LT: One of our prevailing themes here is finding opportunities in everything. You can look at a crisis as just something you have to deal with, and somehow make it through and survive. Or, you can also look at it as an opportunity to change the way that you’ve done things in the past. Hawai‘i was completely decimated by the pandemic because our major economic engine, tourism, completely shut down for a long time in 2020. As a result, sadly, many businesses in Hawai‘i did go out of business. Some businesses have come back though and we’ve seen new restaurants opening. Tourism has come back very strongly, but there’s also an opportunity for Hawai‘i to reimagine what it will be.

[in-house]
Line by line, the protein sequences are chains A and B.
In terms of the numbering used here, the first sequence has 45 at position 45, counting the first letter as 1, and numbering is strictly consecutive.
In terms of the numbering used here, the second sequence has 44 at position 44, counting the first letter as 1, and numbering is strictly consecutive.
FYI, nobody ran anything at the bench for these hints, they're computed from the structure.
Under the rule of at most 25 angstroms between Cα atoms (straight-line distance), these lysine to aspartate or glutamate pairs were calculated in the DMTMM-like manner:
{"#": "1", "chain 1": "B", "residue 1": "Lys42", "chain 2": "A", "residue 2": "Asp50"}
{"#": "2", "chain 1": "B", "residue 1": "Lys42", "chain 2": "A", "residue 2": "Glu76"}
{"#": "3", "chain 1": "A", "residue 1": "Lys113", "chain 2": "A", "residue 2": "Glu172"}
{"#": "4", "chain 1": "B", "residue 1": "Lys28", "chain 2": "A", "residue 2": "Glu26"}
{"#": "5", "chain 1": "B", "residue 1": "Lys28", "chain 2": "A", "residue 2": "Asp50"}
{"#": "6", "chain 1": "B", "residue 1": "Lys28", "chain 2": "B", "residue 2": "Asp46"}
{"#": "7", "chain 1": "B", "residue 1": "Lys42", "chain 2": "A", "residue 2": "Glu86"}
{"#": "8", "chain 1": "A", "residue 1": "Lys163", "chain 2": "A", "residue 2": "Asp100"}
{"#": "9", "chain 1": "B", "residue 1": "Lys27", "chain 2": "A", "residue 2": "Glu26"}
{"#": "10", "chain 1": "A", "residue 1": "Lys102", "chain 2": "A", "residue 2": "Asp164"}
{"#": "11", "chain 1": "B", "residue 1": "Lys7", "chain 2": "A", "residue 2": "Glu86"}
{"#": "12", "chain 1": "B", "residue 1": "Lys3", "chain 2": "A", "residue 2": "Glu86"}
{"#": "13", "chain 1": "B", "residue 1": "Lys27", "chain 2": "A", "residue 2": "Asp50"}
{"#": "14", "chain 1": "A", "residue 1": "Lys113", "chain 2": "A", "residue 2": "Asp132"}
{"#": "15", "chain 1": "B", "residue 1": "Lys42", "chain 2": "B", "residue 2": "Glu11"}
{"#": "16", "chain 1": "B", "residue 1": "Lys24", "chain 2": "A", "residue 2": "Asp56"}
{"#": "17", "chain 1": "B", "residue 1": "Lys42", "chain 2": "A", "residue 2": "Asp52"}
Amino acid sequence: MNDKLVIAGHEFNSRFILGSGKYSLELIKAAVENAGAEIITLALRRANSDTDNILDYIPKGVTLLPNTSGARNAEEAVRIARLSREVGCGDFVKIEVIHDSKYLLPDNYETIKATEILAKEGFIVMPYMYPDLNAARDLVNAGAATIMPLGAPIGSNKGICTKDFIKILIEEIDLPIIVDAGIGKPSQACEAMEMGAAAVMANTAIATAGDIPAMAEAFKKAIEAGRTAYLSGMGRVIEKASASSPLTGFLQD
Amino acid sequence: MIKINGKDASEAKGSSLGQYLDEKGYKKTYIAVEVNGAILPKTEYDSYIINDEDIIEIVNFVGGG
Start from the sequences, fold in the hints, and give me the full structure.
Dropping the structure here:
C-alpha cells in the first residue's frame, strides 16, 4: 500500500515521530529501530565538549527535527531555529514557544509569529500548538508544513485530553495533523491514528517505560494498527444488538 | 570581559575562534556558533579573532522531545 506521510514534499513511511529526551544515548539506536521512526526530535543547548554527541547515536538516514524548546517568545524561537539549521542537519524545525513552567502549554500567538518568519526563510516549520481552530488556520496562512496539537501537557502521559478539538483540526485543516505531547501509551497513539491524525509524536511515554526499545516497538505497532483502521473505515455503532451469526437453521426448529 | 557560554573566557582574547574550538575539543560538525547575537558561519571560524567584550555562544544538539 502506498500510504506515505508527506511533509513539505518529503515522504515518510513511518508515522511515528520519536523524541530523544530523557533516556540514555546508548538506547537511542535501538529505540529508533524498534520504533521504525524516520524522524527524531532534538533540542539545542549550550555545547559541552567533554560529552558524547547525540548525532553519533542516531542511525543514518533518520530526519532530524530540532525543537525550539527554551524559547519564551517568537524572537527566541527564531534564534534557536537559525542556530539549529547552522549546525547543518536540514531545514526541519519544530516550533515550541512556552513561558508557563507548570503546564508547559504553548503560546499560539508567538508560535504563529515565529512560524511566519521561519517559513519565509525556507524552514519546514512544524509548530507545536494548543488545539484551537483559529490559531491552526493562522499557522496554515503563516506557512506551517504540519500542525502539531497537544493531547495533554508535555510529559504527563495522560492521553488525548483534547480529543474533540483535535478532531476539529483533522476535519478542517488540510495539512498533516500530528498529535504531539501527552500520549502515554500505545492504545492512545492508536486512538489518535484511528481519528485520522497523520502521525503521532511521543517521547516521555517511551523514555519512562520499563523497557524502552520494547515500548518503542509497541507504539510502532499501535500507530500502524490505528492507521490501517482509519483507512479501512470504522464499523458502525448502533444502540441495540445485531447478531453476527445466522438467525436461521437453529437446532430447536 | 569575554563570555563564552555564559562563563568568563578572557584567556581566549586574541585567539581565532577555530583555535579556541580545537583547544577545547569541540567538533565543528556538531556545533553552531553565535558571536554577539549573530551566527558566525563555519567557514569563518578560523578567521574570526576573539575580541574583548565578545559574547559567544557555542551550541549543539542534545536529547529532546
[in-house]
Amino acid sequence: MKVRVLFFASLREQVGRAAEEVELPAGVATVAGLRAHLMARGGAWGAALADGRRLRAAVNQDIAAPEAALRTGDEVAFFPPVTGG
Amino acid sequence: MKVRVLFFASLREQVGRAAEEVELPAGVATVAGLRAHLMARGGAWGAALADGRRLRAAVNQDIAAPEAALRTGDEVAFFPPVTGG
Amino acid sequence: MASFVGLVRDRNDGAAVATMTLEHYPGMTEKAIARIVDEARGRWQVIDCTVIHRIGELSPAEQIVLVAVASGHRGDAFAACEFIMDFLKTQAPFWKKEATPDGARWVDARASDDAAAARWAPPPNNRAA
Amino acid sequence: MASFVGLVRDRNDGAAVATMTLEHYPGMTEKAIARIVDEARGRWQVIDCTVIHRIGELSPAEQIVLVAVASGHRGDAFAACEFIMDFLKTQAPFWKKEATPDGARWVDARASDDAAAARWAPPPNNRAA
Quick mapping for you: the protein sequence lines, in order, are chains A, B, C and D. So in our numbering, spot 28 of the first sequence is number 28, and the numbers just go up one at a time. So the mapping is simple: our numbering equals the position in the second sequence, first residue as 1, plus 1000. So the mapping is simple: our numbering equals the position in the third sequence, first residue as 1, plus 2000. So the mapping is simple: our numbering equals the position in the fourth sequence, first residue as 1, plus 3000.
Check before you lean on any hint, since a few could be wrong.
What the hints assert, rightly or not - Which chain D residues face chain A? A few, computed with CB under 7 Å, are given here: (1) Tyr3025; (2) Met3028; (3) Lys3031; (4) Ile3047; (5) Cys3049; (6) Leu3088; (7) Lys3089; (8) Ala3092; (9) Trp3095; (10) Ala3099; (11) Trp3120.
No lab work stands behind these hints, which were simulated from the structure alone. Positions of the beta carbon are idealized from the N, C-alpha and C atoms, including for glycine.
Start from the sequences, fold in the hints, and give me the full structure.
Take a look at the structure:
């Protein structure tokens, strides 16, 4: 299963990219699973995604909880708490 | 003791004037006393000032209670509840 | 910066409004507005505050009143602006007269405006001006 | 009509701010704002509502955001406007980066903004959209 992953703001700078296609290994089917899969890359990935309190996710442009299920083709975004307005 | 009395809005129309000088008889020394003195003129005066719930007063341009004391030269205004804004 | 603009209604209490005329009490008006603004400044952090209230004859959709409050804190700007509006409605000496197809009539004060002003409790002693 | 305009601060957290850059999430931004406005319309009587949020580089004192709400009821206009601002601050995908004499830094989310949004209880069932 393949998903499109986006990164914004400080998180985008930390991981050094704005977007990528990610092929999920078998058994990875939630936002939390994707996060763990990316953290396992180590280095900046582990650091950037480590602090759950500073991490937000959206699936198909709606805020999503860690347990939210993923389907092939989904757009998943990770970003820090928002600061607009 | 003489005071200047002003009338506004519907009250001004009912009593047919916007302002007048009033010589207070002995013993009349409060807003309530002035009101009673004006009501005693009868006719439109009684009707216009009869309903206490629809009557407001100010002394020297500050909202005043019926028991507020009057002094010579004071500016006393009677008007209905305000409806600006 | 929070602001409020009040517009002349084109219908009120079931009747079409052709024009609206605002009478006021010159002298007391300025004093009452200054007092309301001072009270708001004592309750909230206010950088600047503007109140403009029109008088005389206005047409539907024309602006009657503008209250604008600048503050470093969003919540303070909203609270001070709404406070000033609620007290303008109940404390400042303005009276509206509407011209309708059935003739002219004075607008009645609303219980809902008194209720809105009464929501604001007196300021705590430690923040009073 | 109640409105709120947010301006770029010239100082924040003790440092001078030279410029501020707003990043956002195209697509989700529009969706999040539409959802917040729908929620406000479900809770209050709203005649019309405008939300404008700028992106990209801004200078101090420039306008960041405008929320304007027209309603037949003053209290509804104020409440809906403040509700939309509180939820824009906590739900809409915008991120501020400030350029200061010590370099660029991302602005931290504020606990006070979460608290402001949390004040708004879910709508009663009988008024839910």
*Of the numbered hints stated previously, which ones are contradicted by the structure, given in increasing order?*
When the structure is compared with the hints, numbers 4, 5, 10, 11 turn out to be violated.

In terms of what I have learned as a business, you have to be nimble, you have to take advantage of opportunities. Of course, much of our work shifted into crisis communications for helping businesses who had COVID-19 outbreaks, but we’ve also been helping businesses who are looking at the shifting expectations being foisted upon them by investors in the ESG space. We built a whole ESG practice in just the last couple of years and as a business, it’s actually a lot harder than people think. They say a majority of businesses fail within the first five years, right? We’ve been around for 10 years. We consider ourselves very lucky. To be successful, you have to look at the opportunity as you’re dealing with the crisis, and I think that’s what we have been able to do successfully.
Staying True to Yourself
KT: How do you maintain a work-life balance in this day and age? How do you unwind after a long day?